1. This reference arises from an application under Section 115, Civil P.C. for the revision of an order passed by a Collector under Section 18, Land Acquisition Act 1894, refusing to make a reference to the Court of the District Judge.
2. A preliminary objection was raised that the High Court has no jurisdiction to revise the order as it is not an order passed by a Court subordinate to the High Court. The Division Bench before which the application was heard was of the opinion that the case raised a substantial question of law requiring an authoritative pronouncement and accordingly directed the case to be laid before the Hon'ble Chief Justice for the constitution of a larger Bench.
3. Some land belonging to the applicant was acquired under the Land Acquisition Act. The Collector made an award. The applicant refused to accept the award on the ground that the compensation offered was quite inadequate and sent an application to the Collector requiring him to refer the matter under Section 18 to the civil Court for determination. The Collector passed the following order dated 17th October 1930:
This application was received by post in contravention of Rule 2, Board Circulars 2-6 and is unstamped. No action can therefore be taken upon it. Rejected and filed. Inform applicant.
4. The question is whether the High Court can interfere with this order in exercise of its revisional powers under Section 115, Civil P.C. There is much conflict of judicial authority on this point. The rulings which have been cited before us show that the High Courts at Madras, Bombay and Lahore take the view that no revision lies, whereas the High Courts at Calcutta and Patna and the Chief Court of Oudh are of the contrary opinion. The first question is whether the Collector in refusing to make a reference under Section 18, is acting 'judicially.' When we speak of the 'Collector' we mean the Collector as denned for the purposes of the Land Acquisition Act. It has been authoritatively ruled by their Lordships of the Privy Council in Ezra v. Secy. of State  32 Cal. 605 that the proceedings of the Collector, resulting in the award, are administrative and not judicial, Their Lordships were only dealing with the award and the proceedings leading up to the award, and it has been held by certain learned Judges that a distinction should be drawn between the functions exercised by a Collector under Part 2 of the Land Acquisition Act (relating to the proceedings resulting in the award) and the functions exercised by him in part 3 of the Act, which relates to the judicial determination of claims made by persons interested who have not accepted the award. For instance, it has been held in Administrator-General of Bengal v. Land Acquisition Collector  12 C.W.N. 241 that part 3 of the Act relates to proceedings in Court and that the Collector in rejecting the application under Section 18 was a 'Court' and was acting judicially, and therefore it was held that his order was subject to revision by the High Court. In Sarswati v. Land Acquisition Deputy Collector, Champaran  2 Pat. L.J. 204 the learned Judges held that under the statute the first step in the judicial proceedings was a reference by the Collector, and the first step in a judicial proceeding must be held to be a 'judicial step.' With due respect to the learned Judges, we are unable to agree to this view. We are bound to hold, on the authority of Ezra's case  32 Cal. 605, that the Collector throughout the proceedings resulting in the award was acting as an administrative officer and not as a judicial officer.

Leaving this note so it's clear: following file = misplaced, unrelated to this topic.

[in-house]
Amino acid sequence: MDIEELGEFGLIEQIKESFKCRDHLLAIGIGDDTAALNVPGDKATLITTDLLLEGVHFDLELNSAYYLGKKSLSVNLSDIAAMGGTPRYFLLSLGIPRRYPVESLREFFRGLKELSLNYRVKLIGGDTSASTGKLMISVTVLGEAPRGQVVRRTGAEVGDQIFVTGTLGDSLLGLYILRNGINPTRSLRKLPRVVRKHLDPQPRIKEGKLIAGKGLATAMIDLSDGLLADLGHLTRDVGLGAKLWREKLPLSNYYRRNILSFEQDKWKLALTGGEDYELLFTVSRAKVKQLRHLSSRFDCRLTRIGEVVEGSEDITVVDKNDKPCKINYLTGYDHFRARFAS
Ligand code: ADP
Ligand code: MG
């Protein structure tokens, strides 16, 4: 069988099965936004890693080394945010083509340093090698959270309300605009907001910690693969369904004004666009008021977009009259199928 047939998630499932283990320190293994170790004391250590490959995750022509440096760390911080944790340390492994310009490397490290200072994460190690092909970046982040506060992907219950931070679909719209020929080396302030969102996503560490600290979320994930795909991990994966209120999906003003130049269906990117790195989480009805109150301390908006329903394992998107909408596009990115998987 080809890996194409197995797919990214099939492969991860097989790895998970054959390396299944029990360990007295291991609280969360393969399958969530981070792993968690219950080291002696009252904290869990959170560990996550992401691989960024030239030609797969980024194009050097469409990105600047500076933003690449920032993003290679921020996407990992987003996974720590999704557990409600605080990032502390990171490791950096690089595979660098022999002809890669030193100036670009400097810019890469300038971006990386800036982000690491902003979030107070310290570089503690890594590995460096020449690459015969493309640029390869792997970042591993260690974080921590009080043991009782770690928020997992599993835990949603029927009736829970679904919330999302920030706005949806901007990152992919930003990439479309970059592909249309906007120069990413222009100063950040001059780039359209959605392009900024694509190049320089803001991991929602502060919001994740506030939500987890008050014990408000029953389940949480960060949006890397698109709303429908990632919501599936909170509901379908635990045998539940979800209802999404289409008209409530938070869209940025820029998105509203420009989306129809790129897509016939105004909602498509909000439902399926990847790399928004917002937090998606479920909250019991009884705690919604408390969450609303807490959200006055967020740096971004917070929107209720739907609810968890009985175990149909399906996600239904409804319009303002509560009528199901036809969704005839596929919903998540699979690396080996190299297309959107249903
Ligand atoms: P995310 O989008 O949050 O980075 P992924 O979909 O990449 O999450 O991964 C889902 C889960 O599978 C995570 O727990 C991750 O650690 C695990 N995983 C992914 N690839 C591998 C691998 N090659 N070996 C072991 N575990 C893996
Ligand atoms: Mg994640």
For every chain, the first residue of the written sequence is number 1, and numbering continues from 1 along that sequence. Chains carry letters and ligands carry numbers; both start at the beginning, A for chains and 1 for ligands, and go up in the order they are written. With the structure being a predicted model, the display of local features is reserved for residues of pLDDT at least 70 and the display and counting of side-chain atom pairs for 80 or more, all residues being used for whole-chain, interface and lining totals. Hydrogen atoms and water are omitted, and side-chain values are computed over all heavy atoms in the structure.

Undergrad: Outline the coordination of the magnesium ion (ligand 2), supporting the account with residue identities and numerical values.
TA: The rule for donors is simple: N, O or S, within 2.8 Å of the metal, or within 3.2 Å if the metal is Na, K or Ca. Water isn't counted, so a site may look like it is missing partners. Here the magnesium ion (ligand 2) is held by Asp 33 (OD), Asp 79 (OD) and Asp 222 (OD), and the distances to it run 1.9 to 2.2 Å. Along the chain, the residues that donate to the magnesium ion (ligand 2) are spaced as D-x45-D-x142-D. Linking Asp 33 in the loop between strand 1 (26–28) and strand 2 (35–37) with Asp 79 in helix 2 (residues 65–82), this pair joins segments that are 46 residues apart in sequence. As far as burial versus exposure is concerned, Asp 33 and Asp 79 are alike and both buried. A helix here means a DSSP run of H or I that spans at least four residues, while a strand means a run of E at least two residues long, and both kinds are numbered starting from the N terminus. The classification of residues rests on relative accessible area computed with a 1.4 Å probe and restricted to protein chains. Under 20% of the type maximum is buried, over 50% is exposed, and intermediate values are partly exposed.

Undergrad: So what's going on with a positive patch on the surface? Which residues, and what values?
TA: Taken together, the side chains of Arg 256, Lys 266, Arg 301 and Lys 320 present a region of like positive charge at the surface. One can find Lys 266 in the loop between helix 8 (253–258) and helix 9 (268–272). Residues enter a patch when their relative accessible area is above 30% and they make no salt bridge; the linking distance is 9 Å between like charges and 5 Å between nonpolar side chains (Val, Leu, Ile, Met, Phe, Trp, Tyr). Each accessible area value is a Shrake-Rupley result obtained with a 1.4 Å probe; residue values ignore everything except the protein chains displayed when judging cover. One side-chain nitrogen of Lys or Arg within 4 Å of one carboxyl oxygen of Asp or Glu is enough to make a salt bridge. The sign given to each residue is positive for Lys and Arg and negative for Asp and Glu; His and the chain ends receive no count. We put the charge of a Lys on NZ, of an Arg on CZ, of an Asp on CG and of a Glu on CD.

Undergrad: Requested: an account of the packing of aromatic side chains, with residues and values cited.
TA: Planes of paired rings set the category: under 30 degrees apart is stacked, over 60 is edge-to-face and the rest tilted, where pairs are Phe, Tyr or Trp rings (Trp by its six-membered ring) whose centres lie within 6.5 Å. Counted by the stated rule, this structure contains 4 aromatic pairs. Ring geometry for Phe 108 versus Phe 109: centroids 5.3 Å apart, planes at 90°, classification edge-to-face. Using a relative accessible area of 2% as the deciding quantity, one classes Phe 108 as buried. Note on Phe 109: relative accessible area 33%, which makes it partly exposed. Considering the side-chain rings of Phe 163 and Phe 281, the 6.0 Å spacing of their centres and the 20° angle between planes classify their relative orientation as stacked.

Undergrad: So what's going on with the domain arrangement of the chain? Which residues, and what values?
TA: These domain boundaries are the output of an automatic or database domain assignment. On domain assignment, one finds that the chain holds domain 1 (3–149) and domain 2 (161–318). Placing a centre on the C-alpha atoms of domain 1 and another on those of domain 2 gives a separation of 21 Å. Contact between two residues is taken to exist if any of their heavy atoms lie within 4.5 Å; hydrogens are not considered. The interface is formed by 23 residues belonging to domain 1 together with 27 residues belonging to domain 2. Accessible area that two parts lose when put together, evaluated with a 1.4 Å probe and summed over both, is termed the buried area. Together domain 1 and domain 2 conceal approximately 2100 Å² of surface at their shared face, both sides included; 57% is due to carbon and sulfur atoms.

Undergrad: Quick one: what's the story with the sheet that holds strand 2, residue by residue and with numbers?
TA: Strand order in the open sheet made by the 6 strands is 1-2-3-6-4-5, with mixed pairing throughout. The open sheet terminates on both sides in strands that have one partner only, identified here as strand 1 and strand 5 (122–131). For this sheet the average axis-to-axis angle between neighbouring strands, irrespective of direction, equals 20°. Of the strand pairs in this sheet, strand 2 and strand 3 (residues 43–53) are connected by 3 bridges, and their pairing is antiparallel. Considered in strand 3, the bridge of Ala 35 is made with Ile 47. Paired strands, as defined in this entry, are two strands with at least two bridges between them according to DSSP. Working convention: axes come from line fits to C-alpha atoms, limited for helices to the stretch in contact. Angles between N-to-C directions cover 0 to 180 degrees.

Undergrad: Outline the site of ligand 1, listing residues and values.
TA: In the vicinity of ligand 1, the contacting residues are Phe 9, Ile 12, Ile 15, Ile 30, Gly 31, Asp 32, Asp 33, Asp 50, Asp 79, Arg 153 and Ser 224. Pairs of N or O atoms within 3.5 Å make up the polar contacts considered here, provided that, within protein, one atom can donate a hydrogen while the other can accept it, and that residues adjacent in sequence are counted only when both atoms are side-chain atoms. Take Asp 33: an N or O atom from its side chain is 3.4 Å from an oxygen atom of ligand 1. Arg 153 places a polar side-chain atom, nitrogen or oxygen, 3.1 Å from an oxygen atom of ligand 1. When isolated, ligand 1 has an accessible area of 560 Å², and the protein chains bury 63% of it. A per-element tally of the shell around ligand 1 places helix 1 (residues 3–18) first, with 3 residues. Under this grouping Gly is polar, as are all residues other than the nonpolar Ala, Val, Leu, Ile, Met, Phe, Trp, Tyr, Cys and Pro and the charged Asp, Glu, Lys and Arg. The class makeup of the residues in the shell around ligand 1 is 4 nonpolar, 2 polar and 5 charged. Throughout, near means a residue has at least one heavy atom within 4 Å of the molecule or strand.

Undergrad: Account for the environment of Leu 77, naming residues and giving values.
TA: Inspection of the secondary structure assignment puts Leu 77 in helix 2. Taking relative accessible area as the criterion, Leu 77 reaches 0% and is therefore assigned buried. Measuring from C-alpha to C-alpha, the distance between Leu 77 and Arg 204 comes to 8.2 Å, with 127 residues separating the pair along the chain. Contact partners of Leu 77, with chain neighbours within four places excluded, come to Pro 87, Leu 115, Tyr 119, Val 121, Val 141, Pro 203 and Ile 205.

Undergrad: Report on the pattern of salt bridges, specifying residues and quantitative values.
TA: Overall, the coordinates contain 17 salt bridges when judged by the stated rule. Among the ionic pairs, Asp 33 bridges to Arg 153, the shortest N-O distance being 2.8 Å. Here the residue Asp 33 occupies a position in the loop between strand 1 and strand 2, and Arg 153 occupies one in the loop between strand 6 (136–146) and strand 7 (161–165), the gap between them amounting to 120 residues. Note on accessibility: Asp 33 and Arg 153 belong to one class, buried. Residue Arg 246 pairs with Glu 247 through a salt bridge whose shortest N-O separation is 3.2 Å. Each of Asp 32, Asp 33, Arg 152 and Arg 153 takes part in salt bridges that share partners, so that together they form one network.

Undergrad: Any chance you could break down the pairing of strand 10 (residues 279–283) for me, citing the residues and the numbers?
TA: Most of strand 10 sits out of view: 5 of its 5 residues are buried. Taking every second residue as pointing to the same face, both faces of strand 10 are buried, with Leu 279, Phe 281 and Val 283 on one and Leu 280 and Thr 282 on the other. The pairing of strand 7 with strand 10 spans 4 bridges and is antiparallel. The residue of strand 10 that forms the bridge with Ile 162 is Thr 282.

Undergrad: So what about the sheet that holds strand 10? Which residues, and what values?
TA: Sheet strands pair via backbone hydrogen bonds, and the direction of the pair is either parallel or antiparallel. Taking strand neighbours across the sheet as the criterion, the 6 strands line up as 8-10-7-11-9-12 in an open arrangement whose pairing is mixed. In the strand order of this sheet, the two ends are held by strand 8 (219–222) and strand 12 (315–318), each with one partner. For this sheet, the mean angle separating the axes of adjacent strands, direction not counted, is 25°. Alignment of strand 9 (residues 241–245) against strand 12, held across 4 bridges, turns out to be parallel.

5. It seems to us very difficult to hold that the Collector, in making or refusing to make a reference under Section 18, has suddenly changed his official position and is acting judicially and not administratively. There must be a presumption of continuity. It is true that the Collector, when an application is made to him under Section 18, has to see whether the application is within time, and is otherwise in order but we are not prepared to hold that merely because he has to consider certain points before making the reference, he therefore must be deemed to be acting judicially and not as an administrative officer. The functions which he performs under part 2 of the Act are very similar to judicial functions. He even has the power of compelling the attendance of witnesses, as if he were a civil Court and he certainly has to determine to the best of his judgment the proper compensation which should be given to the persons interested in the land. If the Collector in making such decisions is not acting judicially, we fail to see why he should be deemed to be acting judicially when making a reference under Section 18. Albhough Ezra's case  32 Cal. 605 does not directly decide whether the Collector is acting as an administrative officer or as a judicial officer when making a reference under Section 18, their Lordships expressly refer to Section 18 as one of the sections from which it could be inferred that the Collector is not acting as a judicial officer. Moreover, their Lordships approve the reasoning in the judgment of the Calcutta High Court which was under appeal, and in that judgment the High Court had clearly taken the view that the Collector is in no sense of the term a judicial officer nor is the proceeding before him a judicial proceeding. They also refer (at p. 619) to Section 18 as showing that the Collector is not a Court. In our opinion, the Collector is not suddenly converted from an administrative officer into a judicial officer for the purpose of making or refusing to make a reference under Section 18, and he continues to act as an agent of Government, in an administrative capacity, throughout.